This book of poems – After the Pills – explored the difficult realisation that we are not masters of our minds. I wrote in the preface:
“Whichever genre I have selected, my writing has explored the difficult relationship I have with my self. Know thyself is the old adage, and most romantic and post-romantic, modern and post-modern stories of the artist celebrate the depth of self-awareness, the inherent capability, and the assurance of the self who bears the pen into the battles of self-definition. This self of mine who I encounter in the traditions of the lyric, however, seems altogether too slippery, enigmatic and treacherous for such stories.” Jeff Rich, preface to After the Pills
The poems also explored the troubling truth that, for reasons even medicine is not sure of, this little pill or mirtazapine could transform my life and give me assurance of my mind in a way that no reason, no philosophy, no mere mental event could. How could this pill release the craft of writing and the voice of the poet from the destructive fires of madness?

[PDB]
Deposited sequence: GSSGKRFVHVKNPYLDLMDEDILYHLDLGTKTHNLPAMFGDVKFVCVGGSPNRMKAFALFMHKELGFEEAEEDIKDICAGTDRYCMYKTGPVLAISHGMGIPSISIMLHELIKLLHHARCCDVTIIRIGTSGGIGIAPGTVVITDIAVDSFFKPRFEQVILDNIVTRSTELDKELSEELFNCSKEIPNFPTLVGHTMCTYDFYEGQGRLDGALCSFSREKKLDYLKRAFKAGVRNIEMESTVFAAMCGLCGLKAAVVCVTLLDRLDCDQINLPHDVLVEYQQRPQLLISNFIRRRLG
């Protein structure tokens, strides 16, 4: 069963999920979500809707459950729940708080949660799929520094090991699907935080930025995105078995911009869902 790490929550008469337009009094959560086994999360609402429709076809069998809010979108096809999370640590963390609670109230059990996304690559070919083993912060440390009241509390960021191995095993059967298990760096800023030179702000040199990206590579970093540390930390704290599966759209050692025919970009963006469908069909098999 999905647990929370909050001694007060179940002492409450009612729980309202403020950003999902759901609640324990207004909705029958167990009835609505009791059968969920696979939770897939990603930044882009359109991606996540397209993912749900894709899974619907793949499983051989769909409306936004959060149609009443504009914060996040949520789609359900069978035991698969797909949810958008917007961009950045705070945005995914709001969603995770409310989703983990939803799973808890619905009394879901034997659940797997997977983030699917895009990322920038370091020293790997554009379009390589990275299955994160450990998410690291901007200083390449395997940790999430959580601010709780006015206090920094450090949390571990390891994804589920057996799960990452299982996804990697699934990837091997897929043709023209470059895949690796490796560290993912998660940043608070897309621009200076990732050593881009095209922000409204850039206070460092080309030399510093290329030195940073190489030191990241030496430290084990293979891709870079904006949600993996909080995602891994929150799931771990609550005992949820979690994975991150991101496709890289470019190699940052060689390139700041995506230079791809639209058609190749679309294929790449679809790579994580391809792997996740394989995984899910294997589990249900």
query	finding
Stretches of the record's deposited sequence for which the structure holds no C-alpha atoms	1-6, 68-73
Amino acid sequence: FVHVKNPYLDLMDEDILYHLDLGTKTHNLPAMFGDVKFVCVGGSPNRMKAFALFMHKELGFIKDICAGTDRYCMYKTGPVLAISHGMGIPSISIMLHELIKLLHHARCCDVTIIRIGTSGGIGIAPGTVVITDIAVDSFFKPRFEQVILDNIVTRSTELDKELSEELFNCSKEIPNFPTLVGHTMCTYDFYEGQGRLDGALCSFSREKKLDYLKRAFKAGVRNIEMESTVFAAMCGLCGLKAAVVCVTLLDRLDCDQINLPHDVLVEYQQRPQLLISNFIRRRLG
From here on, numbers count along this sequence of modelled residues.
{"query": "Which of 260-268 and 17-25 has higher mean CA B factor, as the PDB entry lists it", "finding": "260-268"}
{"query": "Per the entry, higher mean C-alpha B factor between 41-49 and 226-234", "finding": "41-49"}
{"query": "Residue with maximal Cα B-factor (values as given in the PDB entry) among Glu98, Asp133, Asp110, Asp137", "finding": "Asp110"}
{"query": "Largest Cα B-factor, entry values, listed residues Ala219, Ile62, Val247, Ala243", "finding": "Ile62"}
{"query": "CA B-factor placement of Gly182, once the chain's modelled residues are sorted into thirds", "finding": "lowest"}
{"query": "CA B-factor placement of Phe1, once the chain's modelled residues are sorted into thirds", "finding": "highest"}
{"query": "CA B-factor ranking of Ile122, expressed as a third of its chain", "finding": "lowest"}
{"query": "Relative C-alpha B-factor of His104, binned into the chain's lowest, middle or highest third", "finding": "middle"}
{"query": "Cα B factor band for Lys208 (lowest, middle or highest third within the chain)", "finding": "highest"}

“For me the self is a more inherently limited and weak thing, and I remain spellbound by how different my experience of life is as a result of the daily ingestion of one small pill. The pill works away on the biochemistry of my brain in ways that I cannot comprehend, and yet I sit and observe how it has made a life once riven by months of darkness and doubt into an enjoyable and productive routine.” Jeff Rich, preface to After the Pills
Still, though the routines of my writing became more firmly established, I told absolutely noone outside of my family of my poems.